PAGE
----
It’s fitting that I’m typing this post at 3:45 am after being awake for the past hour. I have plenty of good company, 60 million Americans have difficulty sleeping.
Thankfully, it’s not a regular issue for me, and when I occasionally find myself wide awake in the middle of the night, it’s a great time to get writing!
Being unable to sleep, occasionally or regularly, is such a common occurrence, we start to think it’s normal. Just like getting headaches or heartburn, it may be common, but it’s not “normal”.
Because it’s so common, we typically fail to recognize the toll of lost sleep. Being tired shows up in ways we don’t always recognize as lack of sleep.
A weakened immune system, poor focus, accidents and injuries, angry outbursts, depression, anxiety….they’re all effects of deficient sleep.
People aren’t having trouble sleeping because they have a deficiency of benzodiazepines. Sure, a drug will knock you out, but that’s a far cry from fixing the problem.
And no big surprise to me, changing how you think about sleep is key to changing your sleep patterns.
For sleep patterns to change, your thoughts and beliefs have to change. The more your thoughts and beliefs change, the better you sleep.
“For example, a person who believes that they cannot cope without 8 hours sleep each night will be more prone to worry about their sleep, and this worry may make their sleep worse — the belief about sleep is a self-fulfilling prophecy.” — Melissa J. Ree of the Marian Centre
It seems counterintuitive, but dropping the belief that you’re not going to function well after a fitful night plays a role in better sleep.
So, while long and short term effects of sleeplessness exist, we can’t fear or worry about them.
The beliefs translate into actions that further worsen the problem.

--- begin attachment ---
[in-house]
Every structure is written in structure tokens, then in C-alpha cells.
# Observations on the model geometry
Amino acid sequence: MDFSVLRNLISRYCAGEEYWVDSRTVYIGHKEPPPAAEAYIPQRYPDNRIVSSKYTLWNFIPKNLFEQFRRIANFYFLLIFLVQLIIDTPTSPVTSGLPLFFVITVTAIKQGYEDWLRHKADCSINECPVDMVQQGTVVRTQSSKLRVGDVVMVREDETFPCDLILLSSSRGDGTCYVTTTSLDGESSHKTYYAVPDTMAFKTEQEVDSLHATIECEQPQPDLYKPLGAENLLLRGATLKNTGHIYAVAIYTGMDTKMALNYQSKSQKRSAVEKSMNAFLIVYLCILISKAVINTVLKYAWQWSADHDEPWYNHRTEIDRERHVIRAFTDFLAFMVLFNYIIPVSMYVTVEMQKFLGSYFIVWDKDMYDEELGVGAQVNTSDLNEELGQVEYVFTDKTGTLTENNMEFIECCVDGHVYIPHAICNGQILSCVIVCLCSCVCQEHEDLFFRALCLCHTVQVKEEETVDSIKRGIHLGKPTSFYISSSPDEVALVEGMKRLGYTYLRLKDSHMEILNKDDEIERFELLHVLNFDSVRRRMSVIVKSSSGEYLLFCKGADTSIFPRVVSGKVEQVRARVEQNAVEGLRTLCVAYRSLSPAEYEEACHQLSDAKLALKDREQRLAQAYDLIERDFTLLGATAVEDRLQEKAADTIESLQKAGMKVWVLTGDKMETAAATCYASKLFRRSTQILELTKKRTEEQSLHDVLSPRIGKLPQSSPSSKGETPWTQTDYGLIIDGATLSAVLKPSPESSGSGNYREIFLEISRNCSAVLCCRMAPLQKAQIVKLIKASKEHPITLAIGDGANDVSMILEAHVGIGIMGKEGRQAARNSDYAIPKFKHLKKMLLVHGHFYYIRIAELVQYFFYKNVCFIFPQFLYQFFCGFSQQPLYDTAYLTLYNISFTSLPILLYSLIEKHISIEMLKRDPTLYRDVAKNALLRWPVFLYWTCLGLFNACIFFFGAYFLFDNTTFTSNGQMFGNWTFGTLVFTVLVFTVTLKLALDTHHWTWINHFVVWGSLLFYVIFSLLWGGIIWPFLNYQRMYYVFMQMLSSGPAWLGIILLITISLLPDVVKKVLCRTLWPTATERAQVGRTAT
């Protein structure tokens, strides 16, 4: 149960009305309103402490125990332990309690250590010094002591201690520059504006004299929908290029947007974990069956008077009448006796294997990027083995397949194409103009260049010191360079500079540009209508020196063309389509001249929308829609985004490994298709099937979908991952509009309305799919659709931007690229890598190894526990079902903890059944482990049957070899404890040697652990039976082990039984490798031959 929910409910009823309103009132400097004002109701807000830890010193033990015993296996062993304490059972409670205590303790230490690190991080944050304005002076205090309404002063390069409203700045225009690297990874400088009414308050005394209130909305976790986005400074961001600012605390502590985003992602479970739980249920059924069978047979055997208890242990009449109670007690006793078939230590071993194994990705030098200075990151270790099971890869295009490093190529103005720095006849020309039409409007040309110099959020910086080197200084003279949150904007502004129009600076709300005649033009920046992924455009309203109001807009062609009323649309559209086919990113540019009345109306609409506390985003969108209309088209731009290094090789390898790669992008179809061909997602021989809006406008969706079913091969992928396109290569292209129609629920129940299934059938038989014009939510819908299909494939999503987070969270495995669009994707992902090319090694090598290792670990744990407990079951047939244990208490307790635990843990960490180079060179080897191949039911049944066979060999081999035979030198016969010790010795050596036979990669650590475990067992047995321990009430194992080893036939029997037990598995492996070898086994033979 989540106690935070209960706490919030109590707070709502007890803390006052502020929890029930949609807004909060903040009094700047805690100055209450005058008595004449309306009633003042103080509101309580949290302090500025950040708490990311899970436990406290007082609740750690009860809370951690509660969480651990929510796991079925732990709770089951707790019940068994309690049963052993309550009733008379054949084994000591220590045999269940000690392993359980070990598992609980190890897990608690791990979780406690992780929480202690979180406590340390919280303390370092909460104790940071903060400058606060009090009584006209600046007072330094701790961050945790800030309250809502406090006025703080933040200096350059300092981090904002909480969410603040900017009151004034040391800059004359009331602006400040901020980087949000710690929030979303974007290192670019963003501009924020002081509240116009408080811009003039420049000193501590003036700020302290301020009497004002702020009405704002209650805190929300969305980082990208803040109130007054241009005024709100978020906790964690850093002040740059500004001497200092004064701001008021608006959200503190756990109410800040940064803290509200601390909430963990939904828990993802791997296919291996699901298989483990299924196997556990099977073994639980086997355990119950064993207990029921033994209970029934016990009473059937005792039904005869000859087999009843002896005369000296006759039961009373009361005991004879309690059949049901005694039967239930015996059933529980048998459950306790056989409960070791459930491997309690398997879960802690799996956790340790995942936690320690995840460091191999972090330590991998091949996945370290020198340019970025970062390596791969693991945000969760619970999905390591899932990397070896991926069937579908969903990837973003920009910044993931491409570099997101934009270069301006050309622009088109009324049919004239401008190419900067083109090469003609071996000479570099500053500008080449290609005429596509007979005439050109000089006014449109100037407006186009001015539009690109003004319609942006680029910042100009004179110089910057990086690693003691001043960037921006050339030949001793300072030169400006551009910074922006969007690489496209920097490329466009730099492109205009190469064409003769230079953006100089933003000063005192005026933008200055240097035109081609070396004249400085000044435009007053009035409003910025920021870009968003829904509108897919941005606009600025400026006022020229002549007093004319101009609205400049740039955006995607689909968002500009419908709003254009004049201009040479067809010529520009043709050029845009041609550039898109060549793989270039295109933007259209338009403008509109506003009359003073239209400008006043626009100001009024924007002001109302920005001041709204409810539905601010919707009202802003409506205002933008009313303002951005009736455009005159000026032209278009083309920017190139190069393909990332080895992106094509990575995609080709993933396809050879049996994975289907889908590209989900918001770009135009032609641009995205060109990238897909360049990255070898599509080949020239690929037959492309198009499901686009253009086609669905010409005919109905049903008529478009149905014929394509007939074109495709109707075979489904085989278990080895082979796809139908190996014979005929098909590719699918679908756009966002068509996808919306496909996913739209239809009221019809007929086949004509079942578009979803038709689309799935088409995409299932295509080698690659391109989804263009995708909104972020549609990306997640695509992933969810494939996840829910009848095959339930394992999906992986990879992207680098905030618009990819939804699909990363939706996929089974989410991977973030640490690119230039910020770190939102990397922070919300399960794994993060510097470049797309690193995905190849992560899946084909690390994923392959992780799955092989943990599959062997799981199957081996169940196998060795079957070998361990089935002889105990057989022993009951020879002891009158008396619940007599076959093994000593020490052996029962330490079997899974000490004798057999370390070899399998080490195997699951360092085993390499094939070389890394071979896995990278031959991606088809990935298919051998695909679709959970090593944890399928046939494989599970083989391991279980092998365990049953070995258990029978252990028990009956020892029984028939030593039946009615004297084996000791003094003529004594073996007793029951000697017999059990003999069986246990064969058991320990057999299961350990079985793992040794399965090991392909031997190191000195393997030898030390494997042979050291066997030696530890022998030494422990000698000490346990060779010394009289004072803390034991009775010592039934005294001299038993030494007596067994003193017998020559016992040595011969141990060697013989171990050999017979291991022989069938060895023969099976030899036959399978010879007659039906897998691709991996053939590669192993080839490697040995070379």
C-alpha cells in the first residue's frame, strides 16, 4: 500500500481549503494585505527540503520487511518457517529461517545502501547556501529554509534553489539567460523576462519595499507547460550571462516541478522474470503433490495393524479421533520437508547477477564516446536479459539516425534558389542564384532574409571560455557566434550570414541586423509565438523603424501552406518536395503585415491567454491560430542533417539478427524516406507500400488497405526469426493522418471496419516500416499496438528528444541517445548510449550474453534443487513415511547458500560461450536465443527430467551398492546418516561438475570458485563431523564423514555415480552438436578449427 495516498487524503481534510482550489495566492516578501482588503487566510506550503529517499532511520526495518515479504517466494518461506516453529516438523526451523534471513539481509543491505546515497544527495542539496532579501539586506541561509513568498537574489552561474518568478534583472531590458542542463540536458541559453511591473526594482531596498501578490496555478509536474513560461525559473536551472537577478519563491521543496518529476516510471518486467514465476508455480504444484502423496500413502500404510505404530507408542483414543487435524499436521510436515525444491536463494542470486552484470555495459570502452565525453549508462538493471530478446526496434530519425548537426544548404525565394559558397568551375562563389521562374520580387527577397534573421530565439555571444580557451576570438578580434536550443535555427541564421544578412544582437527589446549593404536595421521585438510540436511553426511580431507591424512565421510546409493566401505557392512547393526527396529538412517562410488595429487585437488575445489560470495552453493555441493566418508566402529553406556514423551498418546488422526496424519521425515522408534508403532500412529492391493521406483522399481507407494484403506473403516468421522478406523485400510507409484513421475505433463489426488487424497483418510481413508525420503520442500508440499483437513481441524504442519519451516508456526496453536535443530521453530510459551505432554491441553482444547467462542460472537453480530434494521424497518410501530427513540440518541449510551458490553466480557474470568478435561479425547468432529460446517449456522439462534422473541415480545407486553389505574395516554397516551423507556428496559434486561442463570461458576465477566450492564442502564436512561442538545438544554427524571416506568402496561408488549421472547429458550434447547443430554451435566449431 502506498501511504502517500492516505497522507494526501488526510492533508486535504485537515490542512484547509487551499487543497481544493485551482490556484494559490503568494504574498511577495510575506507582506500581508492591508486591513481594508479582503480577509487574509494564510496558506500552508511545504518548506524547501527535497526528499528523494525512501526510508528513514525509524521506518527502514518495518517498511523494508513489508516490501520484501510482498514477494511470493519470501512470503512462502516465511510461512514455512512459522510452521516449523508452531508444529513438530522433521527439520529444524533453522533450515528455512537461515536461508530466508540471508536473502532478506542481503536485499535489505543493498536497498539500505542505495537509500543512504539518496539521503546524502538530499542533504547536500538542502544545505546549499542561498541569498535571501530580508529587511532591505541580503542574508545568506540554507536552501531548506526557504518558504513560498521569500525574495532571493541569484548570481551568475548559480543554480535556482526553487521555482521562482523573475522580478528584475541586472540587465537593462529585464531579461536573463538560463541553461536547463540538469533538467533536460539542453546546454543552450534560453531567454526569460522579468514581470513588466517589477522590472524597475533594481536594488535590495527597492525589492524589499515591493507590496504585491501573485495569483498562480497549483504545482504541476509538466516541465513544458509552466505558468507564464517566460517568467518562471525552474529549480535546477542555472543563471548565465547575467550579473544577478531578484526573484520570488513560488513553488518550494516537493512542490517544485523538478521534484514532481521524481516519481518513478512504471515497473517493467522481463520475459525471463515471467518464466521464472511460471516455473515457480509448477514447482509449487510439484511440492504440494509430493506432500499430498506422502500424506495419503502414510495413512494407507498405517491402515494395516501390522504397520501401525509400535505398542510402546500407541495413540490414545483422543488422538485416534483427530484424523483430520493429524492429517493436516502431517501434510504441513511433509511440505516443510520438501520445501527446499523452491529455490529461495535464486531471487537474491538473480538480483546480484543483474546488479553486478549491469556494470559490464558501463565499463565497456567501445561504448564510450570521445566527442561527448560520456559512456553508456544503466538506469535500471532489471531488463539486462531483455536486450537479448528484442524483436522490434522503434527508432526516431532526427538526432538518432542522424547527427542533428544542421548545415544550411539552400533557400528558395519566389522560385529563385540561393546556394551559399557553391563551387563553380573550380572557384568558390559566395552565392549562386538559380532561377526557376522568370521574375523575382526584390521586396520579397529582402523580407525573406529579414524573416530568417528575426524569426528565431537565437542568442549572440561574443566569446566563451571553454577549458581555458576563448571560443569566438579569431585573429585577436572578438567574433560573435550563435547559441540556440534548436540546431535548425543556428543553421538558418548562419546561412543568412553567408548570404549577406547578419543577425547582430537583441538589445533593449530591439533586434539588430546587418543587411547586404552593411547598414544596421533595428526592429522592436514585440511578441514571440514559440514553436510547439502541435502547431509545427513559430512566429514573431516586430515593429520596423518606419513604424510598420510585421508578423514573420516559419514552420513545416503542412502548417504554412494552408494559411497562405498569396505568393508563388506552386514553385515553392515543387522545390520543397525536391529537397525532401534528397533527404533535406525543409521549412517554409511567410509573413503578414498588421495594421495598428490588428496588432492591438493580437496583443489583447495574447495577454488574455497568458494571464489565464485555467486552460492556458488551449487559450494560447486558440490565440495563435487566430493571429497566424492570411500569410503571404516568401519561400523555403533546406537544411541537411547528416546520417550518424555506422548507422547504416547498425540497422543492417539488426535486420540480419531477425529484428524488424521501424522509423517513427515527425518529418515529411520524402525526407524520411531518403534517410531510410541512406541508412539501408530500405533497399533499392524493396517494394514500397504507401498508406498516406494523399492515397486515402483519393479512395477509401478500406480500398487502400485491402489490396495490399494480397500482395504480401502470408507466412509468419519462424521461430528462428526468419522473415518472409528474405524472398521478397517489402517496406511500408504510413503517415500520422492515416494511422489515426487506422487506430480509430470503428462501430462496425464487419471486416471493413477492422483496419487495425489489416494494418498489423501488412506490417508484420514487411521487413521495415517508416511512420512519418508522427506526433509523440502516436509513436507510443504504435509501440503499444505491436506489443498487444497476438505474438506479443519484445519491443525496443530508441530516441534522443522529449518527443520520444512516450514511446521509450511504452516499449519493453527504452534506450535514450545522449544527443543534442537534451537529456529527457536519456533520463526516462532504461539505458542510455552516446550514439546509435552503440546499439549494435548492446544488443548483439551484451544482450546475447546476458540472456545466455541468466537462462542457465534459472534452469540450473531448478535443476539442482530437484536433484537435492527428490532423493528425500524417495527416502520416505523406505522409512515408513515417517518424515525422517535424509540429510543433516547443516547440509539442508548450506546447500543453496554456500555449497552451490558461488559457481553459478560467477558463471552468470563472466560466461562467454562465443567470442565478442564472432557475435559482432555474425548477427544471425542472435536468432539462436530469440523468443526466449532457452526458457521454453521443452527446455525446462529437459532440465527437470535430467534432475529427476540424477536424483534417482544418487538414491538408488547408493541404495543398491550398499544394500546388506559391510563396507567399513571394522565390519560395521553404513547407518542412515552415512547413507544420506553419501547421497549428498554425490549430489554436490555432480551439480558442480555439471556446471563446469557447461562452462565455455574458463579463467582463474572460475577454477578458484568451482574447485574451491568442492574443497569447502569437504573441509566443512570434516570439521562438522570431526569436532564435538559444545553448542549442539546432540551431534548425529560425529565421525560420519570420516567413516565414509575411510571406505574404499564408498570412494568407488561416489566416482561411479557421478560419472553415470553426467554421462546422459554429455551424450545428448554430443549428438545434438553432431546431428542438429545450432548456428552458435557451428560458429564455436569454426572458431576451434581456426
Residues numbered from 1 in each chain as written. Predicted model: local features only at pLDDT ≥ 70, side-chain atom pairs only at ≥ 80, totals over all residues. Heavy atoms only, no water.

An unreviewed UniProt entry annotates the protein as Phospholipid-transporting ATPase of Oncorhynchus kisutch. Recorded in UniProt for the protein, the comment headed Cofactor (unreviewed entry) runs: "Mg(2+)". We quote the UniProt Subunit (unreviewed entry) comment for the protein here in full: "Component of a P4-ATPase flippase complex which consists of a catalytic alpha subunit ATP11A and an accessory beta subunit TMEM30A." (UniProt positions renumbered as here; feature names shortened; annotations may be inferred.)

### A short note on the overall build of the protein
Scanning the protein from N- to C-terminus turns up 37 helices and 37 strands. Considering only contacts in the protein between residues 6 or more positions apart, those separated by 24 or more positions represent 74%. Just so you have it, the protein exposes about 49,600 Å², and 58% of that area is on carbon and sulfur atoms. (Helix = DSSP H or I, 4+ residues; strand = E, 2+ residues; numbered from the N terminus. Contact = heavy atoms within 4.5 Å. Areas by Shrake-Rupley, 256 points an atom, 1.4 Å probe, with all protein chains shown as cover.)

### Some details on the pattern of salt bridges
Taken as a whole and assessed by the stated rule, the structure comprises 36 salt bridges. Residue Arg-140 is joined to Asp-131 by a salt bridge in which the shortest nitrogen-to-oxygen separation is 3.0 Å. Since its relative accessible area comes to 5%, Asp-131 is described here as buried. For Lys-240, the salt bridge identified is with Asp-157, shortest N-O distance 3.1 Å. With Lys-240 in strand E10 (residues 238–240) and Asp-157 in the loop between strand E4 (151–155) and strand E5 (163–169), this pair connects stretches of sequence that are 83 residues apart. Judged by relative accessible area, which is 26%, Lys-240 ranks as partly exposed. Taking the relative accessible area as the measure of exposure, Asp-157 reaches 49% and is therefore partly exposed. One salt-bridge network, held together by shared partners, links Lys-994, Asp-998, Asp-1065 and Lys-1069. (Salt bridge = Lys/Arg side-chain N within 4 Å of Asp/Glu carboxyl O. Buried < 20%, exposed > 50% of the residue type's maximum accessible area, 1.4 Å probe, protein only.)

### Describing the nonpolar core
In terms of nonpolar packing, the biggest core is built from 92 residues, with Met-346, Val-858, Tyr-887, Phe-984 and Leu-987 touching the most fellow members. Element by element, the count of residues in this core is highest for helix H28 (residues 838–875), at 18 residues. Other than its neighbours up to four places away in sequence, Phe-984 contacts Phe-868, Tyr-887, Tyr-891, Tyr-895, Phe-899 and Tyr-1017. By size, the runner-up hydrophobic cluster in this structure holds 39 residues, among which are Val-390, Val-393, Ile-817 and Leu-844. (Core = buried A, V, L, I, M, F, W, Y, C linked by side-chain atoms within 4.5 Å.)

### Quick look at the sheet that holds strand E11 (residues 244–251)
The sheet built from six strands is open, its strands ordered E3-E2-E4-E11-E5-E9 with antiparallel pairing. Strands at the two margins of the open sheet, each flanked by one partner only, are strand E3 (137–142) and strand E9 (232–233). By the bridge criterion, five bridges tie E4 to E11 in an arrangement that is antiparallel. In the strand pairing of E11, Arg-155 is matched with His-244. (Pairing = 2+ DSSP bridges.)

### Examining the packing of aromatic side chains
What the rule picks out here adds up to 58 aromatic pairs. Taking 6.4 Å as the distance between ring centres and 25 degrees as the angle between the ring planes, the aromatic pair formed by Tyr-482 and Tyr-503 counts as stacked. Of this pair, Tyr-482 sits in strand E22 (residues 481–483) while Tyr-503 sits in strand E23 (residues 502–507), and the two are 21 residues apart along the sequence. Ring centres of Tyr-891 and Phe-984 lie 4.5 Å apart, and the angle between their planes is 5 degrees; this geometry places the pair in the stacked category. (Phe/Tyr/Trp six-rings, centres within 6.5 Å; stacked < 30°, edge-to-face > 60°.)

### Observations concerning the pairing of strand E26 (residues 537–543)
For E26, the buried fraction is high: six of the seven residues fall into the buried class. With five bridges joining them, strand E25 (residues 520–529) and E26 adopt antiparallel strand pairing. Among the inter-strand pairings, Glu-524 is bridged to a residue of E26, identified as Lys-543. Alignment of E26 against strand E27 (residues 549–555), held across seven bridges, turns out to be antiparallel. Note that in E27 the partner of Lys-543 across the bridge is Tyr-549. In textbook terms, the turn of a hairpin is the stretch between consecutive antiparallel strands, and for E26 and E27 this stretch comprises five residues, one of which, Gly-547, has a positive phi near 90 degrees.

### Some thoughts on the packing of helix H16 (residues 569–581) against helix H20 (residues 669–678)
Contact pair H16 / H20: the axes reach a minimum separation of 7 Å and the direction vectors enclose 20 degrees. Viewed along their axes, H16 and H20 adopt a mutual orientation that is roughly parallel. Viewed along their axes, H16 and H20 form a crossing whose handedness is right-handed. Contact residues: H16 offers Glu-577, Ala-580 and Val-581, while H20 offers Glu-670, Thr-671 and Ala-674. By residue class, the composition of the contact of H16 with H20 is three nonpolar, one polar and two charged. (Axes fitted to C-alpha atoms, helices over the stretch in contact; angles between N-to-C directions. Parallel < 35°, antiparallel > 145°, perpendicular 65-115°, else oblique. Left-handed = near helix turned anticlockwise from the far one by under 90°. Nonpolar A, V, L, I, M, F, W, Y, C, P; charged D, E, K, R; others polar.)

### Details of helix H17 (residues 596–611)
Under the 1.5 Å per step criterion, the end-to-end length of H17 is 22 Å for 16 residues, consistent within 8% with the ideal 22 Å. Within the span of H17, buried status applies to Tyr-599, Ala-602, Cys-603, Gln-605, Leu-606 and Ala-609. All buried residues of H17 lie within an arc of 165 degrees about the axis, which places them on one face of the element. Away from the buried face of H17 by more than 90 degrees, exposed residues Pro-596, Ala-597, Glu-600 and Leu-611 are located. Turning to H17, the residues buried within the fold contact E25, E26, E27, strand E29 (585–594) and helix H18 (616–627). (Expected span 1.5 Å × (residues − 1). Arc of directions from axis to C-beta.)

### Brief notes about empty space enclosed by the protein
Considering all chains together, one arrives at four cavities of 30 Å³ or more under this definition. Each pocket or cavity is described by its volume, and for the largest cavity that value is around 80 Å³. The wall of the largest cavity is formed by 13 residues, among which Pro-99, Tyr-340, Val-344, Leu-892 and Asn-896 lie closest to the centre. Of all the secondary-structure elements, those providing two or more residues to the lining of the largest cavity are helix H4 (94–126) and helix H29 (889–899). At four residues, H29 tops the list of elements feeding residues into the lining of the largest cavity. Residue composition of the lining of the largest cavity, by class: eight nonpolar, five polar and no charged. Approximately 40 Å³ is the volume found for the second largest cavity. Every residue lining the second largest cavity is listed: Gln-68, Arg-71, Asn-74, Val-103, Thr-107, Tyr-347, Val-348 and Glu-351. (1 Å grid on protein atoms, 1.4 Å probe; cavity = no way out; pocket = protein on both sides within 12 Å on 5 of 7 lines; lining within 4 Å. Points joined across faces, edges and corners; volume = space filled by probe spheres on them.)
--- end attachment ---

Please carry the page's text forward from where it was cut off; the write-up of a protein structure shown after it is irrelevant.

You might change how you manage your day after a night of poor sleep. Chances are, you double up on caffeine, skip your workout, cancel meetings or outings…
These choices just increase the chances that you’ll sleep poorly again the next night. They enhance the problem because you’re feeding and nurturing it.
Instead, believe you’ll cope the next day even with poor sleep. This more trusting mental state puts an end to the anxious state that perpetuates sleeplessness.
Cognitive behavior therapy means learning to change negative and harmful thoughts and beliefs about sleep into more productive thoughts and beliefs.
Mindfulness techniques involve meditation, breathing exercises, and acceptance.
Pay attention to your thoughts about sleep.
Do you believe you’ll be a wreck the next day? Do you believe you’re justified to scrap your plans and goals for the day? Do you expect to have a some sort of physical or mental break down as the price you have to pay?
Yes, you’re short on sleep, and yes, you’ll cope with it and everything will be ok.
Here are some alternative thoughts for you:
“I’m dynamic in mind and body. I’m adaptable, and my day and night play out with perfection.”
“I cherish my relationship with sleep and it feels good to be still.”
“My body knows how much sleep it needs, and I trust it to work harmoniously”
“Sleep is my friend and I welcome it warmly.”
A pill isn’t going to be a long term solution to healthy sleep.
Value your common sense healthy habits. Get fresh air, exercise, eat well, enjoy some hobbies, take breaks, and most importantly, examine your thoughts.
Change your thought, and you’ll see the permanent change in your life you’re looking for.
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